How to Cut Your Own Hair At Home Without Ruining It

A young woman holding scissors and cutting her hair

Ragnar Schmuck Getty Images

Article by   for Women’s Health

All you need are these expert tips (a steady hand can’t hurt, either.)

Cutting your hair at home can be a recipe for disaster, and is not recommended by…just about any professional hairstylist. But, desperate times call for desperate measures, and it’s not an impossible task. You’ll just want to closely follow these expert tips and tricks when taking matters into your own hands.

One thing you shouldn’t attempt? Going for a drastic change. The last thing you need is to be left with a haircut that makes you more upset than the way it was before you messed with it. Leave a major chop up to the professionals, post-quarantine. However, if you have a few rogue split ends or overgrown bangs, that’s something you can manage—promise. Here, hairstylists share their professional guidance on how to cut your own hair at home.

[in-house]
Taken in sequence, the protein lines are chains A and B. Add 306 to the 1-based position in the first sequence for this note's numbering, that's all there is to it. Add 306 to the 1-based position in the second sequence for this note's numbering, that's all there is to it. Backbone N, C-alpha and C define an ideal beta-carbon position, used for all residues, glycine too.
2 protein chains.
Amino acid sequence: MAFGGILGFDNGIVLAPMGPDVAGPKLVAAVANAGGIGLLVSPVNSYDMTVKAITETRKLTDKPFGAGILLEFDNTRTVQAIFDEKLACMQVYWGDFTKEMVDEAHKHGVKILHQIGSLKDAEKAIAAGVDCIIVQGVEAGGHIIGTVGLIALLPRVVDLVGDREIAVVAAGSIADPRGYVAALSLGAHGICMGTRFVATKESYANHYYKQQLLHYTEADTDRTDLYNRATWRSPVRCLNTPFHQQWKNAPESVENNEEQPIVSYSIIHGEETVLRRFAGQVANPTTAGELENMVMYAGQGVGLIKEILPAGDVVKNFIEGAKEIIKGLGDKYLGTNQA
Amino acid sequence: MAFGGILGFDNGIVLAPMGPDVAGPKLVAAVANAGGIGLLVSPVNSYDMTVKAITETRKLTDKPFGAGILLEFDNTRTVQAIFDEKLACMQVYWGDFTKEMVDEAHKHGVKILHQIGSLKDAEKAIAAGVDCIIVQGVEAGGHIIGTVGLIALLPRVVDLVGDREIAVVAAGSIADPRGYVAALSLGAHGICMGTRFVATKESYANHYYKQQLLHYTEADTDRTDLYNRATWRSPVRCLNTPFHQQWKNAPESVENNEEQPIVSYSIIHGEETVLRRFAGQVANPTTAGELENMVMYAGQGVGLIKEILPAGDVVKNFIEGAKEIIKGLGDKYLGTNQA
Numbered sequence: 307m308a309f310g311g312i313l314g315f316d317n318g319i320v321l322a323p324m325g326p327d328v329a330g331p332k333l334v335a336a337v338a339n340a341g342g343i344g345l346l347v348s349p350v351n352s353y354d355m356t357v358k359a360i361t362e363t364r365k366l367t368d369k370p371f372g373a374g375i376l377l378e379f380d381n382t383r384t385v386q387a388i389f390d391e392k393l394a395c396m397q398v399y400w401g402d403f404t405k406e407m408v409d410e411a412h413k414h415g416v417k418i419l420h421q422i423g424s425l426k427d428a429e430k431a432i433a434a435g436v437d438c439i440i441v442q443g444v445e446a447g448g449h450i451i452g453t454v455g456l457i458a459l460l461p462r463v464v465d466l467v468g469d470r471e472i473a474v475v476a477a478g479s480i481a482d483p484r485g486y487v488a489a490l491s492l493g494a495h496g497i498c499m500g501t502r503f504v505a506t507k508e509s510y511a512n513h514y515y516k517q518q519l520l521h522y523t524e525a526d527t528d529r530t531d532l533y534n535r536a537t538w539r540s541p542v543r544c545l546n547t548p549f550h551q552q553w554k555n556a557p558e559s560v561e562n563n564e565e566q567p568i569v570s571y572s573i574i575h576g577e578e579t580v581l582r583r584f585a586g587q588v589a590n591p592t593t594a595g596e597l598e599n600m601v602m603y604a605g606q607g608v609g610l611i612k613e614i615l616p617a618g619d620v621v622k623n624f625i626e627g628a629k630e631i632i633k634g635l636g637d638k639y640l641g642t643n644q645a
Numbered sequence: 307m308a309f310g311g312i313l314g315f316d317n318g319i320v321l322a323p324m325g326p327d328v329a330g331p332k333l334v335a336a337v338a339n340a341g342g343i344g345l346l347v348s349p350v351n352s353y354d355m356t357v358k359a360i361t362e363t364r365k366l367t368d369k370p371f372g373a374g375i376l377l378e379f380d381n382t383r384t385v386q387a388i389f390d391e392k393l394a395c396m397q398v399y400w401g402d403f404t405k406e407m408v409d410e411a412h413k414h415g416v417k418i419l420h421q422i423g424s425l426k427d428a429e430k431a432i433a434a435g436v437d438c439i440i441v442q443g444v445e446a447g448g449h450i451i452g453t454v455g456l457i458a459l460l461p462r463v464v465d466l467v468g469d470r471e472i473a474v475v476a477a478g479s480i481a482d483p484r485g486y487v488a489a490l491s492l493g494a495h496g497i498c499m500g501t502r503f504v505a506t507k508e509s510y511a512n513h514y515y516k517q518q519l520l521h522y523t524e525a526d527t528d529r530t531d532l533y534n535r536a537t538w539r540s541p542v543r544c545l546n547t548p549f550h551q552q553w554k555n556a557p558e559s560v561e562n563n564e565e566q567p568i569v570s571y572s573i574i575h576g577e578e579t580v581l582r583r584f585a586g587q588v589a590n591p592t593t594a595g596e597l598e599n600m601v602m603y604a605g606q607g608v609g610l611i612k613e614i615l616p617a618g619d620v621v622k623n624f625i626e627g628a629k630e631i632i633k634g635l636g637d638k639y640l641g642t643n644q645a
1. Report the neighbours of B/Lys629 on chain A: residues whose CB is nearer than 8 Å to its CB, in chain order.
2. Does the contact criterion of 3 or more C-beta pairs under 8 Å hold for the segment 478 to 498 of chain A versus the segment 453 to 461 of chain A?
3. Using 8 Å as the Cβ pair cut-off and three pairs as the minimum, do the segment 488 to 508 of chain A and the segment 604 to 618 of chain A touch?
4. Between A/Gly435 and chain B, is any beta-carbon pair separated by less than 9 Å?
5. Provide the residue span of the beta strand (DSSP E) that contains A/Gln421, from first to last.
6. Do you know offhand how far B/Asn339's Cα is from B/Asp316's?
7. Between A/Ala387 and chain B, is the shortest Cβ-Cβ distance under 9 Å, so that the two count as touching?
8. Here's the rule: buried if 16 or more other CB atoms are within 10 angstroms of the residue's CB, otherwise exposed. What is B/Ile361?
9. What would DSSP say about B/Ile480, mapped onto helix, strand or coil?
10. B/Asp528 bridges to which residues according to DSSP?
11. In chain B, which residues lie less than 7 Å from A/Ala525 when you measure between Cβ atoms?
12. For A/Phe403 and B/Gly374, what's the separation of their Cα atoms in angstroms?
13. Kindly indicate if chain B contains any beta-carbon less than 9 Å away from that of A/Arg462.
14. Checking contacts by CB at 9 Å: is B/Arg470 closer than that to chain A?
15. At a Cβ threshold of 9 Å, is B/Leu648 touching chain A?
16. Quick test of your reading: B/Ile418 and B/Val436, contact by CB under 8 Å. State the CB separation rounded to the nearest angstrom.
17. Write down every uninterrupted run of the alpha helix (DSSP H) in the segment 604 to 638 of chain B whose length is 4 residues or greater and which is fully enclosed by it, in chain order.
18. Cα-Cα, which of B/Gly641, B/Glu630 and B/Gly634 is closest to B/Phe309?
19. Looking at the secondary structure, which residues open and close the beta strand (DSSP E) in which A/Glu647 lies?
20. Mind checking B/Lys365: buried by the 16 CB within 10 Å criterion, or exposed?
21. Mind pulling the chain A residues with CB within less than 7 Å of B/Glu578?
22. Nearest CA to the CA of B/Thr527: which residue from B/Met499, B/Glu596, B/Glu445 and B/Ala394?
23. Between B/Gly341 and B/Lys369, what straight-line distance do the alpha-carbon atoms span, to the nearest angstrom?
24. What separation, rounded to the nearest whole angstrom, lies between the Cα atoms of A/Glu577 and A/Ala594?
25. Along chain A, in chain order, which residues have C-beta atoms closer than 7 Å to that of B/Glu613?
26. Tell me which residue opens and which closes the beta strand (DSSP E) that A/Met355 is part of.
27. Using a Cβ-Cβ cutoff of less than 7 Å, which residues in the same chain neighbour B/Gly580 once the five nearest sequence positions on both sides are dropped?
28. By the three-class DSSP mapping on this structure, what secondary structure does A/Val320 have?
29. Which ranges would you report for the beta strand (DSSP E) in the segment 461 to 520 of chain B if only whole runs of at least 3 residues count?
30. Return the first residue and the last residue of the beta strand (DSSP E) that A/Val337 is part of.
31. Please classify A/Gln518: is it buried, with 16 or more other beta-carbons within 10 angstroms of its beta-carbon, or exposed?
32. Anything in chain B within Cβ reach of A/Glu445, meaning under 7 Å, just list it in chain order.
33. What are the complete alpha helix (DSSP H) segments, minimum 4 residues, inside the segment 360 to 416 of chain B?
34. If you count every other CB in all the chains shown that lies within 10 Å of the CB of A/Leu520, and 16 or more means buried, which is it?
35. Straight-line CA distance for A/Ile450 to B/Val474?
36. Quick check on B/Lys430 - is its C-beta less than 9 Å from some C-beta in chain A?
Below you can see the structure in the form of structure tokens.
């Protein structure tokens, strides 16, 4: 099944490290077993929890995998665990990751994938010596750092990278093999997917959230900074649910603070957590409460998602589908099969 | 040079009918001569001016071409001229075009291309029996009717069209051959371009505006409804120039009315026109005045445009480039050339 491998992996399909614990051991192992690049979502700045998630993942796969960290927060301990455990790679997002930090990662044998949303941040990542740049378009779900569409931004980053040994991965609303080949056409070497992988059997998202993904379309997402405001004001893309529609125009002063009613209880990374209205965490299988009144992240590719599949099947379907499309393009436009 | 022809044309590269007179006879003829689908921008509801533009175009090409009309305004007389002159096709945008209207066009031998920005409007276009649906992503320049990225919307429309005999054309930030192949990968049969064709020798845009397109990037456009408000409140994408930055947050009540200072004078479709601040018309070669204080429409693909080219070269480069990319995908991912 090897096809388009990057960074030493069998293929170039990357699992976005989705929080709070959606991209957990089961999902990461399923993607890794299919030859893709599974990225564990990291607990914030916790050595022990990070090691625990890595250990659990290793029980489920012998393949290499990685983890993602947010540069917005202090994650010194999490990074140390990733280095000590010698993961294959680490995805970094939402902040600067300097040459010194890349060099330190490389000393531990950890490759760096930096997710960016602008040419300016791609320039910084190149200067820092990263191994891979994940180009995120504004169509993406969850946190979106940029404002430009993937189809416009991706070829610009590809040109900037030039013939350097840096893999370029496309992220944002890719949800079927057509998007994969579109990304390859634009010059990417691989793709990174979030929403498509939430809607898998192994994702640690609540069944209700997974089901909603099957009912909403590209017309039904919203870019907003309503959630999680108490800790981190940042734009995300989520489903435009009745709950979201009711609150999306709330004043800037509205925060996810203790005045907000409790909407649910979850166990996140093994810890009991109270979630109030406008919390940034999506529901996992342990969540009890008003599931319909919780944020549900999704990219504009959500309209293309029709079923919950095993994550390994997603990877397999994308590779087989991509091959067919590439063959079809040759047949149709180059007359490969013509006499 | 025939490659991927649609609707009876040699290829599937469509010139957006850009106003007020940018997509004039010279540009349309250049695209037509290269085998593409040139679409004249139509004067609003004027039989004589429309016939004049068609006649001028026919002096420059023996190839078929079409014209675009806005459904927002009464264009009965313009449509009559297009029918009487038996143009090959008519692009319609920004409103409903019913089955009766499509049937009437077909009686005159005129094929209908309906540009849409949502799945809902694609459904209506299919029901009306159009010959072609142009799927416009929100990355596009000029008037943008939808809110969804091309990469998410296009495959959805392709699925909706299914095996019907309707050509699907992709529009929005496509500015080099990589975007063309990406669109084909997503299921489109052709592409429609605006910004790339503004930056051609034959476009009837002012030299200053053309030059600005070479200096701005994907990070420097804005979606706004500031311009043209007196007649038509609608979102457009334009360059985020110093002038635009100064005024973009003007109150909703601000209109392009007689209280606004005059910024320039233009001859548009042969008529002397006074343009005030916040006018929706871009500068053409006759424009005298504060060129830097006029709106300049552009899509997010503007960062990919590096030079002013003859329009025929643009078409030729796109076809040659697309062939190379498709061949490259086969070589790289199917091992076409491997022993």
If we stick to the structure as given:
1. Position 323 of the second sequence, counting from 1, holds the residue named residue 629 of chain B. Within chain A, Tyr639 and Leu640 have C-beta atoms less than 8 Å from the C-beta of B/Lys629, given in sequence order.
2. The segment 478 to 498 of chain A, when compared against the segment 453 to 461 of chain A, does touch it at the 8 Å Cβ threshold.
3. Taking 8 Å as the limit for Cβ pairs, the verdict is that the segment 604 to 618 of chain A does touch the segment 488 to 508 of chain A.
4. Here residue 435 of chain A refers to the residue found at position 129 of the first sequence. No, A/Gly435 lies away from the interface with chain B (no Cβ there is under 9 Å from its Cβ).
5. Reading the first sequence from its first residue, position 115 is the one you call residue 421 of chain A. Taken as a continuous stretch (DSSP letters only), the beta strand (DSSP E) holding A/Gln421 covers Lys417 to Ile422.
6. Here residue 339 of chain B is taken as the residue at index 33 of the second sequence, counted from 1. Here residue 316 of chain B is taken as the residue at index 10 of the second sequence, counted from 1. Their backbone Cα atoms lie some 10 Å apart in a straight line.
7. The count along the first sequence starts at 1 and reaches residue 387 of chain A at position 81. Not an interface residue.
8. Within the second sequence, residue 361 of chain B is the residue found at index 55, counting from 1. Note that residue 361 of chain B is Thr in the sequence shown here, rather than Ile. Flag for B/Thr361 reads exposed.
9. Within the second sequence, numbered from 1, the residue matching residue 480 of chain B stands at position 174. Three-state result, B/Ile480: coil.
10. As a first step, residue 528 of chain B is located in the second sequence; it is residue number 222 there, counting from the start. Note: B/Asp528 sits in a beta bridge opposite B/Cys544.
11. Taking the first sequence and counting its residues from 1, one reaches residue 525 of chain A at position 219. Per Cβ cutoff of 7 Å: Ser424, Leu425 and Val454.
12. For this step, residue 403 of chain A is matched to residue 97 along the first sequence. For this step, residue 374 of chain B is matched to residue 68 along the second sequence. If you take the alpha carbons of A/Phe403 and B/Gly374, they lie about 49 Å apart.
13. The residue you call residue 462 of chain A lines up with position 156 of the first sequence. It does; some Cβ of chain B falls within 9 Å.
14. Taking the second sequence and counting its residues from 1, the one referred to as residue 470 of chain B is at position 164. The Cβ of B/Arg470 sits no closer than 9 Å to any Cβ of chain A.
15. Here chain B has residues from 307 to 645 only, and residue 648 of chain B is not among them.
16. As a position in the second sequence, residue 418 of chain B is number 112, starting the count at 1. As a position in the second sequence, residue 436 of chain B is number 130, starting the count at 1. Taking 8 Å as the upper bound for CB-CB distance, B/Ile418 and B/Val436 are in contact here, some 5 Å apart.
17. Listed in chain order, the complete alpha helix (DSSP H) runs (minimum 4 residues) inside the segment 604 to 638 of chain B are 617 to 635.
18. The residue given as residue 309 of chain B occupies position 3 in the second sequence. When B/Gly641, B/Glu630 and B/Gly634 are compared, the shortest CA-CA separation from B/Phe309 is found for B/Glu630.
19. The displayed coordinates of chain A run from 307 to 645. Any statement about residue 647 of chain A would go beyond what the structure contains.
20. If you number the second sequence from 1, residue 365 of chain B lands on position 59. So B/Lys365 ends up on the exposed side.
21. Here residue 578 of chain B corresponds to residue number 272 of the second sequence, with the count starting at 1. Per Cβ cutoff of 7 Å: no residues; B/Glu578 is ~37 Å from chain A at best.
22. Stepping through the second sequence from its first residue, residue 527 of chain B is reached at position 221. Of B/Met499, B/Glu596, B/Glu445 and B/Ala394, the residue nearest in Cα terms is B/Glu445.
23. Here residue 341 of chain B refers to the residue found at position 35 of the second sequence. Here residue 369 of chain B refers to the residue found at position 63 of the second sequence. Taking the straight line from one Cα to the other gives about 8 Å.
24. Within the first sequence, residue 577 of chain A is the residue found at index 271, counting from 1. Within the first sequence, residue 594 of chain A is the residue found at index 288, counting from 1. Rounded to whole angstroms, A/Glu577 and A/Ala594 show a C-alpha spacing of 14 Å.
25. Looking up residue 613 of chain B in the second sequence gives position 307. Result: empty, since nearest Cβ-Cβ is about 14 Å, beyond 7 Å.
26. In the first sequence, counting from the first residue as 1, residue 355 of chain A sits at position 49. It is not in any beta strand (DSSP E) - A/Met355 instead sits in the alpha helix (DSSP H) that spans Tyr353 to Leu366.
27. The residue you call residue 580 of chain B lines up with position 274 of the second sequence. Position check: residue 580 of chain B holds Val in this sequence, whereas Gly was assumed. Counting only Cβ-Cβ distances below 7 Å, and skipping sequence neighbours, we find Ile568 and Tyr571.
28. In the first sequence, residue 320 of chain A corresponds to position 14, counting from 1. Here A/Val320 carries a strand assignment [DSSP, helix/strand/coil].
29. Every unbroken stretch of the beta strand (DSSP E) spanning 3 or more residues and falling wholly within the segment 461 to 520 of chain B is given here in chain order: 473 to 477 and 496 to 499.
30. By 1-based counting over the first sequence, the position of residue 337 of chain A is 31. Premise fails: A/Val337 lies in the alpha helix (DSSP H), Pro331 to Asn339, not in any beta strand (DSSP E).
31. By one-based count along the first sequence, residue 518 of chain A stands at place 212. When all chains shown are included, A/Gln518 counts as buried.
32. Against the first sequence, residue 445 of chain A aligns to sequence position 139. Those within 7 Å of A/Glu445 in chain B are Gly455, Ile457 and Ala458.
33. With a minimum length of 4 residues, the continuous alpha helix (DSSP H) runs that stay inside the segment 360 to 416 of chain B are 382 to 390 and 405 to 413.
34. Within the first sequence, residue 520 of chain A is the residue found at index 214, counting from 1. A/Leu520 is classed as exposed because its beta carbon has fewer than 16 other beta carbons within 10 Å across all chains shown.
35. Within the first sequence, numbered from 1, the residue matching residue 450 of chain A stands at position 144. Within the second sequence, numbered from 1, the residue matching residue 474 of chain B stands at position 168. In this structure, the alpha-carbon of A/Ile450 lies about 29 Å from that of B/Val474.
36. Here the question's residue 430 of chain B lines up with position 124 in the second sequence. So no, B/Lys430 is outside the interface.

A general rule of thumb to keep in mind before getting started: Less is more! “You can always take more off if you decide you want to, but you can’t glue it back on,” warns celebrity hairstylist and Biolage Brand Ambassador, Sunnie Brook. She recommends starting a trim with clean, dry hair, so you see the hair in its truest form and know the results immediately. “Wet hair stretches, so if you cut it wet it will be shorter than you expect” says T3 celebrity hairstylist, Laura Polko. She agrees with Brook, advising not to overdo it and get carried away with your trim.

Invest in some proper tools.